Cover Image

PAPERBACK
$62.00



View/Hide Left Panel

5. Independent capability exists for geomechanical modeling of pore pressure, temperature, and rock stress changes induced by injection and extraction and for modeling of earthquake sequences given knowledge of stress changes, pore pressure changes, and fault characteristics.

6. The range of scales over which significant responses arise in the Earth with respect to induced seismic events is very wide and challenges the ability of models to simulate and eventually predict observations from the field.

Gaps

1. The basic data on fault locations and properties, in situ stresses, pore pressures, and rock properties are insufficient to implement existing models with accuracy on a site-specific basis.

2. Current predictive models cannot properly quantify or estimate the seismic efficiency and mode of failure; geomechanical deformation can be modeled, but a challenge exists to relate this to number and size of seismic events.

Proposed Actions

The actions proposed to advance understanding of the types and causes of induced seismicity involve research recommendations outlined in Box 7.1. These recommendations also have relevance for specific energy technologies and address gaps in understanding induced seismicity.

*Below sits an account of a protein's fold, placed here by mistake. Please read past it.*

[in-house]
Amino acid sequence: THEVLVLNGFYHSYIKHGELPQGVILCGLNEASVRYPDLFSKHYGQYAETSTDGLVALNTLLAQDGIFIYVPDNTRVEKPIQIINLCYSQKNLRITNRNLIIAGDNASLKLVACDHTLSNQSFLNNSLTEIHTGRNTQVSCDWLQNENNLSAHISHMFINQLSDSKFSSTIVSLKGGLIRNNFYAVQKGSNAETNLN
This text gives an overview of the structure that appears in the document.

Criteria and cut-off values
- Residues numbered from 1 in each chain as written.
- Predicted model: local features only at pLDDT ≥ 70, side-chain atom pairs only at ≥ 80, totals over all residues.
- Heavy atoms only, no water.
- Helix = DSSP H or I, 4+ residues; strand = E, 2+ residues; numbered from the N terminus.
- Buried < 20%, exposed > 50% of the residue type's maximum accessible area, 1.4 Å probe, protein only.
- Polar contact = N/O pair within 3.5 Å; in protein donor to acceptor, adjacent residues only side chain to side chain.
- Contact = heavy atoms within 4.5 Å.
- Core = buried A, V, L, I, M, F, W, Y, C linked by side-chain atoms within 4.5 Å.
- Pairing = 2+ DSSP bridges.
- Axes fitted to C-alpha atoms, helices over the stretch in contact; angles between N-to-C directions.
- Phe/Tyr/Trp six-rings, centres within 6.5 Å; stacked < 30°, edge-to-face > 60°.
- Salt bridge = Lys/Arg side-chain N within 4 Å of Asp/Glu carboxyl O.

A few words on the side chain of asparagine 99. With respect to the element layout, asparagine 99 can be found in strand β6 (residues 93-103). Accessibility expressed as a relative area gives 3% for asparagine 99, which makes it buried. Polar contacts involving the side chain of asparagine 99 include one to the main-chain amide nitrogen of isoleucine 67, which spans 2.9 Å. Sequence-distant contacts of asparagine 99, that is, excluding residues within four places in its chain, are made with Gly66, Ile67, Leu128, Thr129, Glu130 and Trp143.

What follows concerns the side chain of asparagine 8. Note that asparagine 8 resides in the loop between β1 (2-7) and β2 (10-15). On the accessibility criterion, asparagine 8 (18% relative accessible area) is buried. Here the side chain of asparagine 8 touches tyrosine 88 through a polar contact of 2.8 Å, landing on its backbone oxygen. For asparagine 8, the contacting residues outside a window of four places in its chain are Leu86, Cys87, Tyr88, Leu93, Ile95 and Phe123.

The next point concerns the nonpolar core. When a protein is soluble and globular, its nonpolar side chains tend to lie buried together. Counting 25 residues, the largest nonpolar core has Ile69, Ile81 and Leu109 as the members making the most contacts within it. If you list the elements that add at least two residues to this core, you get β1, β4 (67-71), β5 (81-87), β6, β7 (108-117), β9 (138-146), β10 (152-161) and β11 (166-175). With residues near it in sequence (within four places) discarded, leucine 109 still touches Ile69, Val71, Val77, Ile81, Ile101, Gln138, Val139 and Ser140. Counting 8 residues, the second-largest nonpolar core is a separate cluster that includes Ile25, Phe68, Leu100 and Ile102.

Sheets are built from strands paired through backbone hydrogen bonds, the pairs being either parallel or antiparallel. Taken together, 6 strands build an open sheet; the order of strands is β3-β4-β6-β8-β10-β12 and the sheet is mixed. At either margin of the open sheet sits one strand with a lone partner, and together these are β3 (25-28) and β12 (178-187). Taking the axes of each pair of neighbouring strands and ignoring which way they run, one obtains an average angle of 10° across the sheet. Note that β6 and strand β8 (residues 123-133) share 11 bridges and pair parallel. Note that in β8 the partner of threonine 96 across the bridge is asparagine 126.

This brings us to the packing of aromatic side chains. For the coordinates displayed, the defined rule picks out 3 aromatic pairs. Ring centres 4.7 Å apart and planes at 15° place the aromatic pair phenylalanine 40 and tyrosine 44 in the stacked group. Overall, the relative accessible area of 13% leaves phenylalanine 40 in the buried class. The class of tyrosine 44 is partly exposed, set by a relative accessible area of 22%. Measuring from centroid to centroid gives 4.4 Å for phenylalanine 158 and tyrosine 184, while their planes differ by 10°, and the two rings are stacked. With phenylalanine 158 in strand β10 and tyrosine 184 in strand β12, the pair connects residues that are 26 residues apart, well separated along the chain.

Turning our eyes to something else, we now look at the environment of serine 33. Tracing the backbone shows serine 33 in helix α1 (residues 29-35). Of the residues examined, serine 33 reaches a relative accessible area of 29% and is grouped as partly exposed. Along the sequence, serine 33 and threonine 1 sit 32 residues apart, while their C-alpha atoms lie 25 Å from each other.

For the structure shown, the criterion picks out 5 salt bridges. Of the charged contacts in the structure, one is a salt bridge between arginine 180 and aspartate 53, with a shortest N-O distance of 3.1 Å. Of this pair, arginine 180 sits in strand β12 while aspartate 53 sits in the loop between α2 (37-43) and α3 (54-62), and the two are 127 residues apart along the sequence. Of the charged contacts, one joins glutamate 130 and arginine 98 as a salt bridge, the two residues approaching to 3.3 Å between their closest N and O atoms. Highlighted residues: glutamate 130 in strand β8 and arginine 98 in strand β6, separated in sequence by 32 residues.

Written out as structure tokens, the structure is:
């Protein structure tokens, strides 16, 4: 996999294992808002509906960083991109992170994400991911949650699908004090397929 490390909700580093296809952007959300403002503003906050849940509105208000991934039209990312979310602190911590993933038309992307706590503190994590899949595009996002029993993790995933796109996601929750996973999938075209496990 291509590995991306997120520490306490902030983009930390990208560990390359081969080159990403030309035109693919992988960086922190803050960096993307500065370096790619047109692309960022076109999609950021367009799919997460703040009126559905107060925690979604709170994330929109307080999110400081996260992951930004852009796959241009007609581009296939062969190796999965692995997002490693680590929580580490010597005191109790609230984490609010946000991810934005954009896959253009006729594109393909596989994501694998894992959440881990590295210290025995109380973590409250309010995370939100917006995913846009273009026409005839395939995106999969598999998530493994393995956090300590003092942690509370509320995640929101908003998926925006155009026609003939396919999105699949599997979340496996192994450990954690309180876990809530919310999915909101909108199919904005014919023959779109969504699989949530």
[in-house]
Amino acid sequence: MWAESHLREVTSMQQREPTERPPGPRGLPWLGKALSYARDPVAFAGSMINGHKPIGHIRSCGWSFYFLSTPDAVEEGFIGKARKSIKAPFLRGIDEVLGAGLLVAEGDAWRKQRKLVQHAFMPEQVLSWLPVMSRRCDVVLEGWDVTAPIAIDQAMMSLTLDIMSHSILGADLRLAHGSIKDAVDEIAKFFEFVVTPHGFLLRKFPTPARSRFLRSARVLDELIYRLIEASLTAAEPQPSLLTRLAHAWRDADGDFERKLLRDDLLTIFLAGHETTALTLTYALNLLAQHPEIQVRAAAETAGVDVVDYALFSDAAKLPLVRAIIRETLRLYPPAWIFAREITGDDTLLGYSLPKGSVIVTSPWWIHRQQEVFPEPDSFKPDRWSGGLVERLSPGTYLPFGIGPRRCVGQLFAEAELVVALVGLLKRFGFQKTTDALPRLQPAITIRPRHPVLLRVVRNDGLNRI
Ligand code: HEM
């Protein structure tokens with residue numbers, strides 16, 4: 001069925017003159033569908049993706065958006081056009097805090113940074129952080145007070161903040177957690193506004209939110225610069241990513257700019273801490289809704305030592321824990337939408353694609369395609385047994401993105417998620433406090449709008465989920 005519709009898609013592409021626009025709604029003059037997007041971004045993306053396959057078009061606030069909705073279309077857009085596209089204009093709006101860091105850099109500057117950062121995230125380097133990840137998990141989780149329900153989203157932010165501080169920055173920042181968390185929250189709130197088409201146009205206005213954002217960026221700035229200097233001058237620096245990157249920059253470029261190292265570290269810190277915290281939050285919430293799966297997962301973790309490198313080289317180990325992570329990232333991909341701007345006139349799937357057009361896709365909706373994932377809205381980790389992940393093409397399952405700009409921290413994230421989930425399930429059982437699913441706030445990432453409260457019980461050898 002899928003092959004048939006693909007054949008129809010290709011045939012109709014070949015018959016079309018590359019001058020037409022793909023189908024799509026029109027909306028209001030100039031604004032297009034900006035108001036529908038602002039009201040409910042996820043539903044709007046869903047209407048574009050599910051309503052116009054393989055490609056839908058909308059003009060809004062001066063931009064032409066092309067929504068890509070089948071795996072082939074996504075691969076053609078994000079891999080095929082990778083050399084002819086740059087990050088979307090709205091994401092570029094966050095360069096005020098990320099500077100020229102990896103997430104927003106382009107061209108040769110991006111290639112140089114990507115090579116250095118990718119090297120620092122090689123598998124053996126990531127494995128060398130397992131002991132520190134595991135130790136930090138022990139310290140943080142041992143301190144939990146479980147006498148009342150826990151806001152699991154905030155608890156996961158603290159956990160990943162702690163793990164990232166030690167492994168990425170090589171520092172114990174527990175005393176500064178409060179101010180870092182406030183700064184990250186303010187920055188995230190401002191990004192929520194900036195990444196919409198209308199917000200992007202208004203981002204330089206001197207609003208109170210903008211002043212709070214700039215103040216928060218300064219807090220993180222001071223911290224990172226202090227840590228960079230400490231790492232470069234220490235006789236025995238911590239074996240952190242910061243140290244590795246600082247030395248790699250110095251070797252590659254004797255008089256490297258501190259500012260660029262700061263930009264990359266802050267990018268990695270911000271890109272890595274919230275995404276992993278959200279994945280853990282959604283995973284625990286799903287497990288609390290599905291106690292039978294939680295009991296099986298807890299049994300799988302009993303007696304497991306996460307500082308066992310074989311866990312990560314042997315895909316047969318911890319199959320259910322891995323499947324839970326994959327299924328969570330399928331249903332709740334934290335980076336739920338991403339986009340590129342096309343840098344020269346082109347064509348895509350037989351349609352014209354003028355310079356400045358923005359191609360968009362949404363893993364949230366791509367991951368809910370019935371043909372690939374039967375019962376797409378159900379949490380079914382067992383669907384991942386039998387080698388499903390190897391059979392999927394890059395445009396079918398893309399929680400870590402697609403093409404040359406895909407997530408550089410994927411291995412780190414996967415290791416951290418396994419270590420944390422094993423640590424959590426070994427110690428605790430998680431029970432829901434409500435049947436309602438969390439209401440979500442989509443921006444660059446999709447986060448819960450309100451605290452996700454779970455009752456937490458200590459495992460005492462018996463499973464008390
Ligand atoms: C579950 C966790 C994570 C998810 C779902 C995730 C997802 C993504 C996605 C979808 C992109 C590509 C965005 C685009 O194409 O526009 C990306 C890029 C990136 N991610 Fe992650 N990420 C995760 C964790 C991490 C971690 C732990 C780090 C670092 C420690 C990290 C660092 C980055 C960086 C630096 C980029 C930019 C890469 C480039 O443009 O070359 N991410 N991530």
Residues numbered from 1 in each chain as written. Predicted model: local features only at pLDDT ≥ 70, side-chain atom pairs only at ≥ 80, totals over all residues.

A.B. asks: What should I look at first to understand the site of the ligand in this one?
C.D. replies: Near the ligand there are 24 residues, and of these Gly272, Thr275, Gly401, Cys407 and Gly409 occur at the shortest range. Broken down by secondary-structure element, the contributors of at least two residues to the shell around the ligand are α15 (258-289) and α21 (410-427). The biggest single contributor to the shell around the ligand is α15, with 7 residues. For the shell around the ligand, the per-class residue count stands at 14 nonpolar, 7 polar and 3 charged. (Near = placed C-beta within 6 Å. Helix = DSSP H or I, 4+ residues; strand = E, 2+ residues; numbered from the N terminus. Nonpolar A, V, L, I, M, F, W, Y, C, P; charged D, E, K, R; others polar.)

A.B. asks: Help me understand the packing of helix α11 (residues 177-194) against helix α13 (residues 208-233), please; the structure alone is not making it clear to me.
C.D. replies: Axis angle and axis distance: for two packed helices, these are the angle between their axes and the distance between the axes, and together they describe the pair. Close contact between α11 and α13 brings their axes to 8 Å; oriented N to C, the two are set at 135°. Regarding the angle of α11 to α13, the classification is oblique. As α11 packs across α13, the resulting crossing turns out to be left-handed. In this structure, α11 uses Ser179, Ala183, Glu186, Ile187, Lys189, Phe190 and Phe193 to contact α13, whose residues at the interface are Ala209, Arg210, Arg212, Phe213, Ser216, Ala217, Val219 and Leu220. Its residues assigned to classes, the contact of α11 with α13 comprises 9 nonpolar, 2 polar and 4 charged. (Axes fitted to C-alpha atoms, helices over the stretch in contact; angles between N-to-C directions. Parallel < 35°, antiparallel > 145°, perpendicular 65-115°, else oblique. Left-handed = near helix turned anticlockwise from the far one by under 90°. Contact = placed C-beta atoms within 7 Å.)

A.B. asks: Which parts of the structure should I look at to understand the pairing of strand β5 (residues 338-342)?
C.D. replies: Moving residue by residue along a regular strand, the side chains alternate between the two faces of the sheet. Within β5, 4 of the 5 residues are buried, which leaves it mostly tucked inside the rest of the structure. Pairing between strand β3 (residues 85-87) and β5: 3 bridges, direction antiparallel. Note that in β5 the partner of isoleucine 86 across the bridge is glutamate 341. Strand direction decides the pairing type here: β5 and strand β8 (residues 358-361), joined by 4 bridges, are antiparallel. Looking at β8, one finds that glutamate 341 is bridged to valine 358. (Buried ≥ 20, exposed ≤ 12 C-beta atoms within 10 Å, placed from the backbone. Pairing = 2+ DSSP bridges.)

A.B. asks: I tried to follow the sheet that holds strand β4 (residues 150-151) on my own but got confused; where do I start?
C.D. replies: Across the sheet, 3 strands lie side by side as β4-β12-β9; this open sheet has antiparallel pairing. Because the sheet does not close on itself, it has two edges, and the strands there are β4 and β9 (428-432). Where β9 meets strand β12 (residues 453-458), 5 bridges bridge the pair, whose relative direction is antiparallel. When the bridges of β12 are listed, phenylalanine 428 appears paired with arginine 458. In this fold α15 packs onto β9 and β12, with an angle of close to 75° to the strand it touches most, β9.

ENERGY TECHNOLOGIES: HOW THEY WORK

Overarching Findings for All Technologies

1. Injection pressures and net fluid volumes in energy technologies, such as geothermal energy and oil and gas production, are generally controlled to avoid increasing pore pressure in the reservoir above the initial reservoir pore pressure. These technologies thus appear less problematic in terms of inducing felt seismic events than technologies that result in a significant net increase or decrease in fluid volume.

2. The basic data needed to fully evaluate the potential for induced seismicity—including fault locations and properties, in situ stresses, fluid pressures, and rock properties—are very difficult and expensive to obtain.

3. Existing regional seismic arrays may not be capable of precisely locating small induced seismic events to determine causality and better establish the characteristics of induced seismicity.



The National Academies | 500 Fifth St. N.W. | Washington, D.C. 20001
Copyright © National Academy of Sciences. All rights reserved.
Terms of Use and Privacy Statement